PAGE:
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Author: Han Phoumin, ERIA

Even before the Russia–Ukraine war, the COVID-19 pandemic had brought the world economy into recession. Global oil demand also declined by about 8 million barrels per day in 2020 and 2021. OPEC+ agreed to cut output by 10 million barrels per day from May 2020 to April 2022. This led oil prices to rise to around US$75 per barrel in July 2021, which prompted OPEC+ to raise output again at the end of 2021.

Since Russia invaded Ukraine on 24 February 2022, the fear of rising oil prices has escalated globally. Russia accounts for 10 per cent of global oil supplies. Western-led sanctions removed this supply from the market, putting pressure on the oil supply-demand balance. The price of crude oil soared from US$95.42 per barrel to US$127.98 on 8 March before dropping back down to US$95.64 on March 16 and jumping back to US$111.70 on 14 April. The oil price is likely to remain elevated over US$100 per barrel throughout 2022. As a result, the gas price — which is indexed to the global oil price — has also experienced wild growth.

In addition to the immediate impact on energy costs, the shortage has implications for global energy security. High energy costs could distract efforts towards long-term decarbonisation, with the short-term agenda dominated by domestic energy security concerns for countries dependent on fossil fuels such as coal, oil and gas.

To stabilise the supply of oil and gas, the United States has led efforts to increase access to OPEC oil, initiated deals with Venezuela and announced the release of 180 million barrels from its Strategic Petroleum Reserve. But energy costs are still high, which affects the phasing out of coal as coal prices remain very competitive compared to natural gas. This is especially the case for hard-to-abate industrial sectors in East Asia and ASEAN countries, where coal is known to provide energy security, affordability, accessibility and reliability.

The Russia–Ukraine war is a wake-up call — not only for Europe, but for all countries needing secure energy sources. Sky-high energy costs have led countries to realise that they can no longer depend on imported fossil fuels, which may drive a shift away from fossil fuels altogether. For example, the International Energy Agency issued 10 measures to reduce the European Union’s reliance on Russian natural gas imports, including jumpstarting renewable wind and solar projects and maximising energy generation from existing low-emissions sources such as bioenergy and nuclear power.

It’s often said that necessity is the mother of invention, and in this sense the Russia–Ukraine war may have a silver lining by fast-tracking renewable energy enough to drive down costs over the next few years — far quicker than estimated. According to Steve Cohen, author of The State of the Planet, breaking dependence on fossil fuels is the only way to secure energy independence since ‘no sovereign state owns the sun’.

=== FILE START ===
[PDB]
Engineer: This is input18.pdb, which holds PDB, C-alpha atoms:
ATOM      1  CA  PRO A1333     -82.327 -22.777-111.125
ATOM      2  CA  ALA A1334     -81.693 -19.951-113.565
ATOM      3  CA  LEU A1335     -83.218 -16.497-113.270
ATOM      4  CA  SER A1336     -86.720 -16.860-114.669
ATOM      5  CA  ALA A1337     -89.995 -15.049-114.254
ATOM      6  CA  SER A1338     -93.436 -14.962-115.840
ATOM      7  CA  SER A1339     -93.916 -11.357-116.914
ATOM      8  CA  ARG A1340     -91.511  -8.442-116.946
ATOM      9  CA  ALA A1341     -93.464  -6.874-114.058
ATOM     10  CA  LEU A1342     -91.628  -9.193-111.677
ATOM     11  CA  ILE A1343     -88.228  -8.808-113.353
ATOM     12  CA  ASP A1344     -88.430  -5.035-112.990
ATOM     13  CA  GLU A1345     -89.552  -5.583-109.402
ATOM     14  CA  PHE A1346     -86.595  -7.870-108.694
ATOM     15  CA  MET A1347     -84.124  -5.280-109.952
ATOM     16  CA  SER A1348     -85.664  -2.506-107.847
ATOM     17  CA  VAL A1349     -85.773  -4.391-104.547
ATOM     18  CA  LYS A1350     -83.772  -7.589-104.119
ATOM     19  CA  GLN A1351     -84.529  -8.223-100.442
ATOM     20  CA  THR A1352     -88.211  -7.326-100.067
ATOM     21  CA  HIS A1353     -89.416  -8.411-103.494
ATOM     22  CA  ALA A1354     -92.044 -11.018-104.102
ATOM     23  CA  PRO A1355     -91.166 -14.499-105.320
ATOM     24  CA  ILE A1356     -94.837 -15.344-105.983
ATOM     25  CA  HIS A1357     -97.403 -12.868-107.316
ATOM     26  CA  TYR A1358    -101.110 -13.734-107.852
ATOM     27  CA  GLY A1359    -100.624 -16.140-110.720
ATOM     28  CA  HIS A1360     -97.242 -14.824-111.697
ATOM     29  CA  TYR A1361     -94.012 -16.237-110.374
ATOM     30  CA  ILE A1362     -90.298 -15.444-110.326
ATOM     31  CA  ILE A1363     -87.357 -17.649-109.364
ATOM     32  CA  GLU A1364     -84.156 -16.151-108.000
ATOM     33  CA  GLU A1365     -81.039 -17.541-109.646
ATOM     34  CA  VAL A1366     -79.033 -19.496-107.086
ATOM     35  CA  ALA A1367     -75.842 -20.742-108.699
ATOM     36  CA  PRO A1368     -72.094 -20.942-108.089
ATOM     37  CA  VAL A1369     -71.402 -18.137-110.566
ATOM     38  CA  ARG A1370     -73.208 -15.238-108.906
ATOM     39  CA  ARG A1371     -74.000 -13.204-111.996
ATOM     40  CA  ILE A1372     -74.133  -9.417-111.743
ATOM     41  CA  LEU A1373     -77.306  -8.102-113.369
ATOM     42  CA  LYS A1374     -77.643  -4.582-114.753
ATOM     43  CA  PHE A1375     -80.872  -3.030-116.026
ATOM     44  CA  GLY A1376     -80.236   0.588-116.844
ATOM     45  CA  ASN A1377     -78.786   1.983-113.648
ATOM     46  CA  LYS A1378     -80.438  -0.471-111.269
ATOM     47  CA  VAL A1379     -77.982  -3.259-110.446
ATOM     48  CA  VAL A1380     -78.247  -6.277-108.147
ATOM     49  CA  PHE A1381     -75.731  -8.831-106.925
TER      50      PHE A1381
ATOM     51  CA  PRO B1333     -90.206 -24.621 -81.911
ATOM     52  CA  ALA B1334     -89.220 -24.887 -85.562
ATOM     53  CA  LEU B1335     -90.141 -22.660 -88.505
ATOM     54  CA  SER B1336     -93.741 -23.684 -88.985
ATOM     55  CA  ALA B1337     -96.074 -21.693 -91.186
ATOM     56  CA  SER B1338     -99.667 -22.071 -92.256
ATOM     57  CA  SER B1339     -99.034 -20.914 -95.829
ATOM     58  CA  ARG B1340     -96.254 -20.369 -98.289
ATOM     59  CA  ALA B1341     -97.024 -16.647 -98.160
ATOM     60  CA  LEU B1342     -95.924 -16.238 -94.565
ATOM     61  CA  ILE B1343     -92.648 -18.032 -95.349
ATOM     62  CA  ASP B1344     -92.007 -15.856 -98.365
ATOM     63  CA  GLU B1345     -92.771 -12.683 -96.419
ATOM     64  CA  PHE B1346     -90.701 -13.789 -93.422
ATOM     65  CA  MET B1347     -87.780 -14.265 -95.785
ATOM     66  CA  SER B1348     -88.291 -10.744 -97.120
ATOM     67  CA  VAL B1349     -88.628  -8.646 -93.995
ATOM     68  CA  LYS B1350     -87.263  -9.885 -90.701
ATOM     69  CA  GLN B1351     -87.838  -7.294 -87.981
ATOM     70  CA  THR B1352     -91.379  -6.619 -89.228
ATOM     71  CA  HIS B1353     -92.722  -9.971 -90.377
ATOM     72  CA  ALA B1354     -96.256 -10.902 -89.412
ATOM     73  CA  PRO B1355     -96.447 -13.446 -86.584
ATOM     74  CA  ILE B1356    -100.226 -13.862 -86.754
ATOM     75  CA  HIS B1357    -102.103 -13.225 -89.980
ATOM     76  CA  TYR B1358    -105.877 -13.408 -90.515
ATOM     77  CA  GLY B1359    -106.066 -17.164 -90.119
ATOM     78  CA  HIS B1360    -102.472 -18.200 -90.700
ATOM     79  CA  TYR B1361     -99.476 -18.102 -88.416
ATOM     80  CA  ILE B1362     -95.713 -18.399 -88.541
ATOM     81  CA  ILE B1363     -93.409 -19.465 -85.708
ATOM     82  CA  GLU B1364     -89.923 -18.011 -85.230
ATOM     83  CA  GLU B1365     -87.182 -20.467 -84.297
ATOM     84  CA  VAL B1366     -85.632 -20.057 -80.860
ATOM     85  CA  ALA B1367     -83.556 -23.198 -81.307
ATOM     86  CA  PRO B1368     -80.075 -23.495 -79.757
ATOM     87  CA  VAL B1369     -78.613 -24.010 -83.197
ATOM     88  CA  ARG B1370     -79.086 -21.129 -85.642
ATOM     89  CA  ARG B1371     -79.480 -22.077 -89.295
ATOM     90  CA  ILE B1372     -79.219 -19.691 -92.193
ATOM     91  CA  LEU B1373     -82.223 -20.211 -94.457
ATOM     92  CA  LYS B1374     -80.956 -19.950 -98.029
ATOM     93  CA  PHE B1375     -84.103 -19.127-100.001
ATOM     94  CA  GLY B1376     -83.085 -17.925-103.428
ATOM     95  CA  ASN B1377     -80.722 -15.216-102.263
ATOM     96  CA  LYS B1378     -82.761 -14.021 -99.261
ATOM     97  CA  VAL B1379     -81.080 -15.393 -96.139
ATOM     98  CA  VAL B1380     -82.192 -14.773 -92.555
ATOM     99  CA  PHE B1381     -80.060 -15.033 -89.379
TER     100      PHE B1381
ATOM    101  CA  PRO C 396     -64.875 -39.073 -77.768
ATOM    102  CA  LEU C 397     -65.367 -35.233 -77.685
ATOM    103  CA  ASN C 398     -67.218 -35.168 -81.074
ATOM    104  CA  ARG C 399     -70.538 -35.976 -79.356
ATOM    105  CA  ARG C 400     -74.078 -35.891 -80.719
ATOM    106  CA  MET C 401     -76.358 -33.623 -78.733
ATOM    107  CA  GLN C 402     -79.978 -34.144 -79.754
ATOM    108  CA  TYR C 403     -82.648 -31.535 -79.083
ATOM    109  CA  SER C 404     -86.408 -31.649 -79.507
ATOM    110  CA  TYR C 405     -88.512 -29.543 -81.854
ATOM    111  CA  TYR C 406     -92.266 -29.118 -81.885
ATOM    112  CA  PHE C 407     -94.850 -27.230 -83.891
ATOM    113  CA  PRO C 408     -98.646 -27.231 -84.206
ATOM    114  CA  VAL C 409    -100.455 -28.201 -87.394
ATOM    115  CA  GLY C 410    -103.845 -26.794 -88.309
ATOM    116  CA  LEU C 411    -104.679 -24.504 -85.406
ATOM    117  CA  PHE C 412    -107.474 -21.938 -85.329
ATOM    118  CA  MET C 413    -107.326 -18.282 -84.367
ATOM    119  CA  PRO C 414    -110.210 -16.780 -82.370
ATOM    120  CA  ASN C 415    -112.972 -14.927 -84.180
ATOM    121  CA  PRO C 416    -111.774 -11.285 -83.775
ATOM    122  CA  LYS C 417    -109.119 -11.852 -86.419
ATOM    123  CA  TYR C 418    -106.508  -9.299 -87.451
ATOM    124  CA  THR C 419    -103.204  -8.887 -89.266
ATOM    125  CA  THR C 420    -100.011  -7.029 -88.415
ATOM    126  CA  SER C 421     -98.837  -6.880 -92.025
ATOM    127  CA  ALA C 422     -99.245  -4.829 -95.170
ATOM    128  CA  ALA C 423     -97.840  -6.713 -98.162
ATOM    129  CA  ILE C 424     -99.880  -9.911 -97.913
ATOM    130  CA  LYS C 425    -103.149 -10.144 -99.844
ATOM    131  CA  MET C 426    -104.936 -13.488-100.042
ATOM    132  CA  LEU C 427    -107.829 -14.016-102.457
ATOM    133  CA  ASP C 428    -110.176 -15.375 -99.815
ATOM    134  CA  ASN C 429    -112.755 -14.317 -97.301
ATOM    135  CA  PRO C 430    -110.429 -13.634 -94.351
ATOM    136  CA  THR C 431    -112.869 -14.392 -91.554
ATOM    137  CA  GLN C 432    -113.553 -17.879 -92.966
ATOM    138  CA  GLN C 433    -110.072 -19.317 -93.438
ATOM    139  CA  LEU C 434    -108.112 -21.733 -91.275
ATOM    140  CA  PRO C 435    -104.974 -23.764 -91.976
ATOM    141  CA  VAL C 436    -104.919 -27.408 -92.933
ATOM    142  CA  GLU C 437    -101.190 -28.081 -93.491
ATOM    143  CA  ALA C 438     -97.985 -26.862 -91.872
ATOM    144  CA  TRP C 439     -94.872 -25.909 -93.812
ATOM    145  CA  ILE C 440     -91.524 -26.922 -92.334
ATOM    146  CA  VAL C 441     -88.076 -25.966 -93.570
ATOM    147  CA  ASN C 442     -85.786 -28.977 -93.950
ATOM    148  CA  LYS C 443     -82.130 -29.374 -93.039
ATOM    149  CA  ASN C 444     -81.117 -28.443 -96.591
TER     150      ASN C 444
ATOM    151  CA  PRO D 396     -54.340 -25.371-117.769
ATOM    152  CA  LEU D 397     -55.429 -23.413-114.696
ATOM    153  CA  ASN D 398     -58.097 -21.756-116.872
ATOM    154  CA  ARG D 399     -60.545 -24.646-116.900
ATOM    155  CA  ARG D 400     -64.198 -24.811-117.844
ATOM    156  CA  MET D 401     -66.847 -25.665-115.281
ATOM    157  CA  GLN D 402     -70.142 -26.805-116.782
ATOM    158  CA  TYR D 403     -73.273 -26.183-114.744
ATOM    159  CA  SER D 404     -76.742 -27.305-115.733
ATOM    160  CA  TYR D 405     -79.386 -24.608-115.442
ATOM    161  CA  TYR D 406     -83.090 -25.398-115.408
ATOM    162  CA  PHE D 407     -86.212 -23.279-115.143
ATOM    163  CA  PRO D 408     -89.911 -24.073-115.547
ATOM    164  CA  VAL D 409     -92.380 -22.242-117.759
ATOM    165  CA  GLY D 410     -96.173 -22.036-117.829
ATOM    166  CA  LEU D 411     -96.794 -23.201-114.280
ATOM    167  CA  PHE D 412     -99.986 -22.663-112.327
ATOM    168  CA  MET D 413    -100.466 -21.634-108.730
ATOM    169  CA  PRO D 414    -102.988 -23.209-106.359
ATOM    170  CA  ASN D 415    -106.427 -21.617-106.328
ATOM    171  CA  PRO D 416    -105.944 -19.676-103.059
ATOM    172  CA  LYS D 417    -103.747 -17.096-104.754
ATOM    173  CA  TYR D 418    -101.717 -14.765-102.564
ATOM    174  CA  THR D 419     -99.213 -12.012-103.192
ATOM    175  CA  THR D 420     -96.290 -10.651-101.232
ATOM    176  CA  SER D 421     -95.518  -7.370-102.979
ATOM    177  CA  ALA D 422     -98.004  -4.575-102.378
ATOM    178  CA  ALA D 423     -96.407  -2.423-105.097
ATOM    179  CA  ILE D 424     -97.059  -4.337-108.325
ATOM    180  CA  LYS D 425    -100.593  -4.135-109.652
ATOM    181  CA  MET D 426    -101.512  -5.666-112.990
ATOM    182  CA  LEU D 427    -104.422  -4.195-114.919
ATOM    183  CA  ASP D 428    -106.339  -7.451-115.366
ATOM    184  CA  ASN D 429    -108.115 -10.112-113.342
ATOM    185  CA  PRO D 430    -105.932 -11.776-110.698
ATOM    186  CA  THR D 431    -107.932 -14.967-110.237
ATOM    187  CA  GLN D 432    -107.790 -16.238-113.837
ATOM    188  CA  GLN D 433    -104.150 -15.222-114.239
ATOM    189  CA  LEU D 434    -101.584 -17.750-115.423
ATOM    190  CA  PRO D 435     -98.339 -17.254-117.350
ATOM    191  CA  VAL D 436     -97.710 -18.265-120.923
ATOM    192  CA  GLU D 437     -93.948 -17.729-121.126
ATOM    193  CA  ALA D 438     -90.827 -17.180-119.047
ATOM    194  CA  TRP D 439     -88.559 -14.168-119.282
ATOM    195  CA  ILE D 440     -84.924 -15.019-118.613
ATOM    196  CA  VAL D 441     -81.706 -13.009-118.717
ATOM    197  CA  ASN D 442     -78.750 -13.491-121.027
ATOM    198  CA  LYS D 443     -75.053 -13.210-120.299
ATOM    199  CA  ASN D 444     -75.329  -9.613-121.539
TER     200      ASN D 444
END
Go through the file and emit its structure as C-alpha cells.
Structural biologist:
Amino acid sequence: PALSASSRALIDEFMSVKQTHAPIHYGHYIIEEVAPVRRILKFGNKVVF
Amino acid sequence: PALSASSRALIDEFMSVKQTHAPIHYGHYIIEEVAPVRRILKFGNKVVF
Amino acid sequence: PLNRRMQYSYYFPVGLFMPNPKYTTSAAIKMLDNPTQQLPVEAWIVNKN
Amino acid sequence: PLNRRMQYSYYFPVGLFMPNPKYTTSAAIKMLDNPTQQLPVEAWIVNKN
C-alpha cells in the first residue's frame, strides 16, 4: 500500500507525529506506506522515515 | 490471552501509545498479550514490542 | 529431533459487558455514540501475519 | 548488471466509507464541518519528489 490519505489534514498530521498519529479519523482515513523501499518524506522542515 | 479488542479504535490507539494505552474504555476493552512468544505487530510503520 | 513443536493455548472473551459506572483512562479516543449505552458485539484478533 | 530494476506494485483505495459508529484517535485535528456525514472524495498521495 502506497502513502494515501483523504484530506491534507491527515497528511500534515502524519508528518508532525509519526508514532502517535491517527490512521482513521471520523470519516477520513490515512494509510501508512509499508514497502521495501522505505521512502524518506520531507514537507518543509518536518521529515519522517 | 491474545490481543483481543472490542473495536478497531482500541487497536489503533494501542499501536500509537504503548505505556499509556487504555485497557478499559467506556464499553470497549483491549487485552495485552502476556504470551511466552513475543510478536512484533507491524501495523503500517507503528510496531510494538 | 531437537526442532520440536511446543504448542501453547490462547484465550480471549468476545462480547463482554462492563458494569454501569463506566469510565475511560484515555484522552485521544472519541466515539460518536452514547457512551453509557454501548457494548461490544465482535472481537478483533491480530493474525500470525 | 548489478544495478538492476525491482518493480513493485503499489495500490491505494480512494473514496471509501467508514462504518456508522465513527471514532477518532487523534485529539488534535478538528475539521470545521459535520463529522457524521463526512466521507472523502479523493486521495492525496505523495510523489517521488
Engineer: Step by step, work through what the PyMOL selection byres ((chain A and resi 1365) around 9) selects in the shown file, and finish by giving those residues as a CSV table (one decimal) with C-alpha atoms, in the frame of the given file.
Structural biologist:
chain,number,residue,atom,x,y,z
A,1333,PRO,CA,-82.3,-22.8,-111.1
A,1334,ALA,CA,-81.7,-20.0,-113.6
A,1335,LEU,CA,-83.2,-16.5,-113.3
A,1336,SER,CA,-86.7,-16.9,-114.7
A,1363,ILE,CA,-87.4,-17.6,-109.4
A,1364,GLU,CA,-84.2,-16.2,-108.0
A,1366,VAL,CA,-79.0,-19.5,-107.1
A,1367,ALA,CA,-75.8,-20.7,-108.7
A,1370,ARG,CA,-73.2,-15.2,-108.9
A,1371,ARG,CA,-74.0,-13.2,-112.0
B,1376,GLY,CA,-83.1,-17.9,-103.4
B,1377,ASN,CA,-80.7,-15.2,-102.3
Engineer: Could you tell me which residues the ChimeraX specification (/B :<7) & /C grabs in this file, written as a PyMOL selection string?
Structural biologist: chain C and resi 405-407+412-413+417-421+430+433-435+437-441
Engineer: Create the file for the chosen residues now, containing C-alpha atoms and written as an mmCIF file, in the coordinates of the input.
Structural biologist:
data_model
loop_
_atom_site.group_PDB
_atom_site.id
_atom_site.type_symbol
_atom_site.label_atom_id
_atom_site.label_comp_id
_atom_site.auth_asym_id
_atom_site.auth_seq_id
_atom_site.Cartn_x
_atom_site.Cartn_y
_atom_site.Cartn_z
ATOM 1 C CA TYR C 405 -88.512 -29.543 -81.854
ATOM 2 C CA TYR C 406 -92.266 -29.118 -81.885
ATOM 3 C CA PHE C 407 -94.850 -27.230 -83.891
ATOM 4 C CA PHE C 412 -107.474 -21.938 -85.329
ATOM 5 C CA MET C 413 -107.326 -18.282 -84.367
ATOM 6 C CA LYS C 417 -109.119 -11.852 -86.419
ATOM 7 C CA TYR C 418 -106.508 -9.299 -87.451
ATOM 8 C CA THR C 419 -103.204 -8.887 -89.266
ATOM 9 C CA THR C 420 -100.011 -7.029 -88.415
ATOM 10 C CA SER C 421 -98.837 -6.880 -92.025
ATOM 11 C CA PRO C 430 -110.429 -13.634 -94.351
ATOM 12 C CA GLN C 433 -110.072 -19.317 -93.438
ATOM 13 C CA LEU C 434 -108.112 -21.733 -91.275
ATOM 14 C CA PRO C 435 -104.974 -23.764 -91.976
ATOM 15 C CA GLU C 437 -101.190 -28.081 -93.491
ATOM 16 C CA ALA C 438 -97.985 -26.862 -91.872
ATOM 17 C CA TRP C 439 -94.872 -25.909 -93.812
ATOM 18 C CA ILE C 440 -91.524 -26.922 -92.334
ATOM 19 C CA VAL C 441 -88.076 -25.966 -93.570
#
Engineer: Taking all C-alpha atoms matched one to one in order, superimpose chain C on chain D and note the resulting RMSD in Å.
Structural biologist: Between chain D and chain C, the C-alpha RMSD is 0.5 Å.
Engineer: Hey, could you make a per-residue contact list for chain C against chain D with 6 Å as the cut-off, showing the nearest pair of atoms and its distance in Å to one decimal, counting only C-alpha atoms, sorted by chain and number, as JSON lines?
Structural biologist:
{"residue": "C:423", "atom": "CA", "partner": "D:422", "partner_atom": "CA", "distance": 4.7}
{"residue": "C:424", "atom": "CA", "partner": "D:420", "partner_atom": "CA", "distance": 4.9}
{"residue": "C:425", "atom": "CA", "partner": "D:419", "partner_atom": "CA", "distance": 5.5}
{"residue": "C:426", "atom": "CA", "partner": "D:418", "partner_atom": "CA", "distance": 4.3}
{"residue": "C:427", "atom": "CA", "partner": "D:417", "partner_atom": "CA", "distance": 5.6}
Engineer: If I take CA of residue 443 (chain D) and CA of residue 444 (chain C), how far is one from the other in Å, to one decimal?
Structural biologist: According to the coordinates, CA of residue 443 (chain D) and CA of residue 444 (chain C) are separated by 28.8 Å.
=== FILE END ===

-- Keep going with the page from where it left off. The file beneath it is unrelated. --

But fears of supply disruption and energy insecurity could also push some Asian countries to remain coal dependent despite their COP26 commitments. High oil prices could be an incentive to increase exports of traditional fossil fuels, leading to oil rigs being reopened and investment being funnelled into fossil fuels. These ‘temporary’ reopenings will likely result in rigs remaining open for years until oil fields are fully depleted, potentially prolonging the phasing-out of fossil fuels.

There is good reason to be concerned that countries may put climate change mitigation on the back burner while they focus on energy security by securing supplies of fossil fuels. If this is the case, the timeframe of phasing out the use of fossil fuels under the Paris Agreement and the goal of limiting global warming to two degrees Celsius will be impacted. Oil market concerns could last longer if the war continues and there is a lack of immediate alternatives to oil and natural gas. Any new investment in energy projects could take at least a year in the case of solar and wind, and potentially much longer for bioenergy or nuclear.

There have not been signs of countries backing off from climate change commitments yet, but policymakers need to be cautious in designing policies that may deter renewable investment. Countries should redesign energy policy to shift away from fossil fuel dependency over the long-term, beginning as soon as possible with large-scale investment in solar, wind and other clean energy sources. For many developing countries, the path may be slow, but it needs to be steady with actionable strategies to achieve decarbonisation and ultimately carbon neutrality.

Han Phoumin is Senior Energy Economist at the Economic Research Institute for ASEAN and East Asia, Jakarta.

The post War in Ukraine and rising energy costs risk hampering Asia’s decarbonization efforts first appeared on News JU.

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